AIKEN, SC. - My recent trip to Bridgestone’s PSR and ORR plants in the South were far more educational than I could have ever expected. In fact, had I known I was going to learn as much, I would have stayed home and watched the tube...
That’s not true. Enquiring minds such as yours and mine are always looking for the next nugget of new information. If you’re in the mood, I’ve got one for you: LEED.
LEED or Leadership in Energy and Environmental Design is a points rating system that allocates said points to a company/developer’s existing or new building based on specific criteria established by the US Green Building Council (USGBC) in 1998. As an FYI, the Canadian Green Building Council (CaGBC) adhered to the same criteria and rating system in 2003.
The LEED “green” building rating system uses 110 points which fall into specific topics. Each topic has equally specific goals. Of them, we find Sustainable Site Development, Water Efficiency, Indoor Environmental Quality, and Energy Efficiency.
Not all of these topics apply to all buildings. The building designers, developers or owners can choose which match their establishments best in order to garner a rating. They work as follows:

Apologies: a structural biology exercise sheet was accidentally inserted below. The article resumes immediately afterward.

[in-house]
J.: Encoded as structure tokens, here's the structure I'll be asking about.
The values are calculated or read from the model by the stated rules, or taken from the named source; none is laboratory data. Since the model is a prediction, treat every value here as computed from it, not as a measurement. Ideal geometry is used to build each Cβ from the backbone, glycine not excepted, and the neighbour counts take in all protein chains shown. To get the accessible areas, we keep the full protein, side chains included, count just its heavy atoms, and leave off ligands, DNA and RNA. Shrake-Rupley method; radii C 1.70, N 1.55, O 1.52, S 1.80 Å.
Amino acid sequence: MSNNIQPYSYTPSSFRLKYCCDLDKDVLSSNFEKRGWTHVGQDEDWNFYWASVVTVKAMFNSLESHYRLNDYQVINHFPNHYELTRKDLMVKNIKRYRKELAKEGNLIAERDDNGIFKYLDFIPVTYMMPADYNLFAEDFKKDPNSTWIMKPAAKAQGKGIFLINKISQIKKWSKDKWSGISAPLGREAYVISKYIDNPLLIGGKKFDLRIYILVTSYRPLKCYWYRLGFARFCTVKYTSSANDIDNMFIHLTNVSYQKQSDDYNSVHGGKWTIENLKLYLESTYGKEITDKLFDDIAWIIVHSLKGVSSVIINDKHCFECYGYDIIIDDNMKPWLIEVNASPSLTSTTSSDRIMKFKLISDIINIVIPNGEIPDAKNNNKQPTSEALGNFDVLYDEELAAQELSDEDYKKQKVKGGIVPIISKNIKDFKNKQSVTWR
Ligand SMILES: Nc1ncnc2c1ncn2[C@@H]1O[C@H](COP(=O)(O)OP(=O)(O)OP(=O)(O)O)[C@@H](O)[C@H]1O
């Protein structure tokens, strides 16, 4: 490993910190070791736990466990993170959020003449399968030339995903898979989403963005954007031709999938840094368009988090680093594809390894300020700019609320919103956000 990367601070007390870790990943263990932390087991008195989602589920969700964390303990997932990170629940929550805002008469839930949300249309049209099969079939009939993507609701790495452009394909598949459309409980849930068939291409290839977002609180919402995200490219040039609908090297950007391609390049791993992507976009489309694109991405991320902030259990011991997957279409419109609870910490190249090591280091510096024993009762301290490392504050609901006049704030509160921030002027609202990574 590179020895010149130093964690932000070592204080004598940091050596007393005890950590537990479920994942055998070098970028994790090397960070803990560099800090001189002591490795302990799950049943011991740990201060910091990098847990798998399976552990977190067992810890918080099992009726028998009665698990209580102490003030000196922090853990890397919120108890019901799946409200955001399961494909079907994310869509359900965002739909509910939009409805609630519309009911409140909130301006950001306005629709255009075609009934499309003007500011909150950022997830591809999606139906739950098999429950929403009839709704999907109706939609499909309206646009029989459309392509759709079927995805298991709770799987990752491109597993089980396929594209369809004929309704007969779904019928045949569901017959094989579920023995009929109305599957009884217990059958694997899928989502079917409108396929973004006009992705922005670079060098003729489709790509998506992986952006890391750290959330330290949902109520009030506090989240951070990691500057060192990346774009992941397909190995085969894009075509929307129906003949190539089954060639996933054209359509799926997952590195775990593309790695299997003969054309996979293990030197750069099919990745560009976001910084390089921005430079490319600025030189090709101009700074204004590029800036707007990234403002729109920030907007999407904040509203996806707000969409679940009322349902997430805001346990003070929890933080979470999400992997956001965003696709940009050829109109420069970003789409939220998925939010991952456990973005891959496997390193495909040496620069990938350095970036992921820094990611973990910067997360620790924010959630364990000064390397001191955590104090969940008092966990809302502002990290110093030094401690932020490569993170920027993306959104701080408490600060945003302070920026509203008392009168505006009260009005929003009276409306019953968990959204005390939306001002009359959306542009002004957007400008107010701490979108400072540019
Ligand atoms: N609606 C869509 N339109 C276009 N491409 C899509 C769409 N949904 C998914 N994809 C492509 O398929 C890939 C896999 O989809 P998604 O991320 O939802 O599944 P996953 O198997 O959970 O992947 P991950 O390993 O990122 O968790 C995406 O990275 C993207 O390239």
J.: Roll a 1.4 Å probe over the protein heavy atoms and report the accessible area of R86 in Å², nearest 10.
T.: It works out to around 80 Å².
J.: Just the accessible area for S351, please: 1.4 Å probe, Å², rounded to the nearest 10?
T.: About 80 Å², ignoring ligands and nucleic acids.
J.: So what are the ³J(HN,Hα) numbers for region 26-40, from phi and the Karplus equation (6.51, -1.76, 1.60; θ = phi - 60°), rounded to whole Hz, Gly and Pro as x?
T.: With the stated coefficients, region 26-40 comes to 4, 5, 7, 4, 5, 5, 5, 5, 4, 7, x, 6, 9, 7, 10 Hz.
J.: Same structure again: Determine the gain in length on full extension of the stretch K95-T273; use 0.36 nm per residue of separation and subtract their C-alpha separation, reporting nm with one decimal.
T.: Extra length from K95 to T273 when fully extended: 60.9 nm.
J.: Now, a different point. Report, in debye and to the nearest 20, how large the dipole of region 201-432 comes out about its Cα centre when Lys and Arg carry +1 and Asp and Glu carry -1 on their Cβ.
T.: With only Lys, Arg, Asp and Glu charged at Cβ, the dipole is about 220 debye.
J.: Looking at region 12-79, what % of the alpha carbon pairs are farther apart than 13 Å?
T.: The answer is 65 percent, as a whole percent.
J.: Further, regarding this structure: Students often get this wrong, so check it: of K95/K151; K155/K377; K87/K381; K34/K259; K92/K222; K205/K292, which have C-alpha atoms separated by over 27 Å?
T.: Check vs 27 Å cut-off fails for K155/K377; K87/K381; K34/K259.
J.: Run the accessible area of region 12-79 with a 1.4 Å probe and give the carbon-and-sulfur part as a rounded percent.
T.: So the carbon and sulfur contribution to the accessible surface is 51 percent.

40 to 49 points: Certified
50 to 59 points: Silver
60 to 79 points: Gold
80 or more points: Platinum
In 2009, Bridgestone was the first tire company in the world to achieve Silver LEED certification for two of its North American operations, one of them being the PSR plant in Aiken, SC, the other in Warren, Tenn. The new ORR plant literally across the street from the PSR is expected to also achieve LEED certification through recycling waste, a habitat management plan and using regional materials.
Bridgestone’s Americas Technical Center in Akron, Ohio, is also Silver LEED Certified. And here’s a small surprise: One of Firestone’s Complete Auto Care centers, the one in Smyrna, Tenn., is Gold LEED Certified. That’s impressive.
What’s really impressive is Bridgestone’s drive towards a better future for all.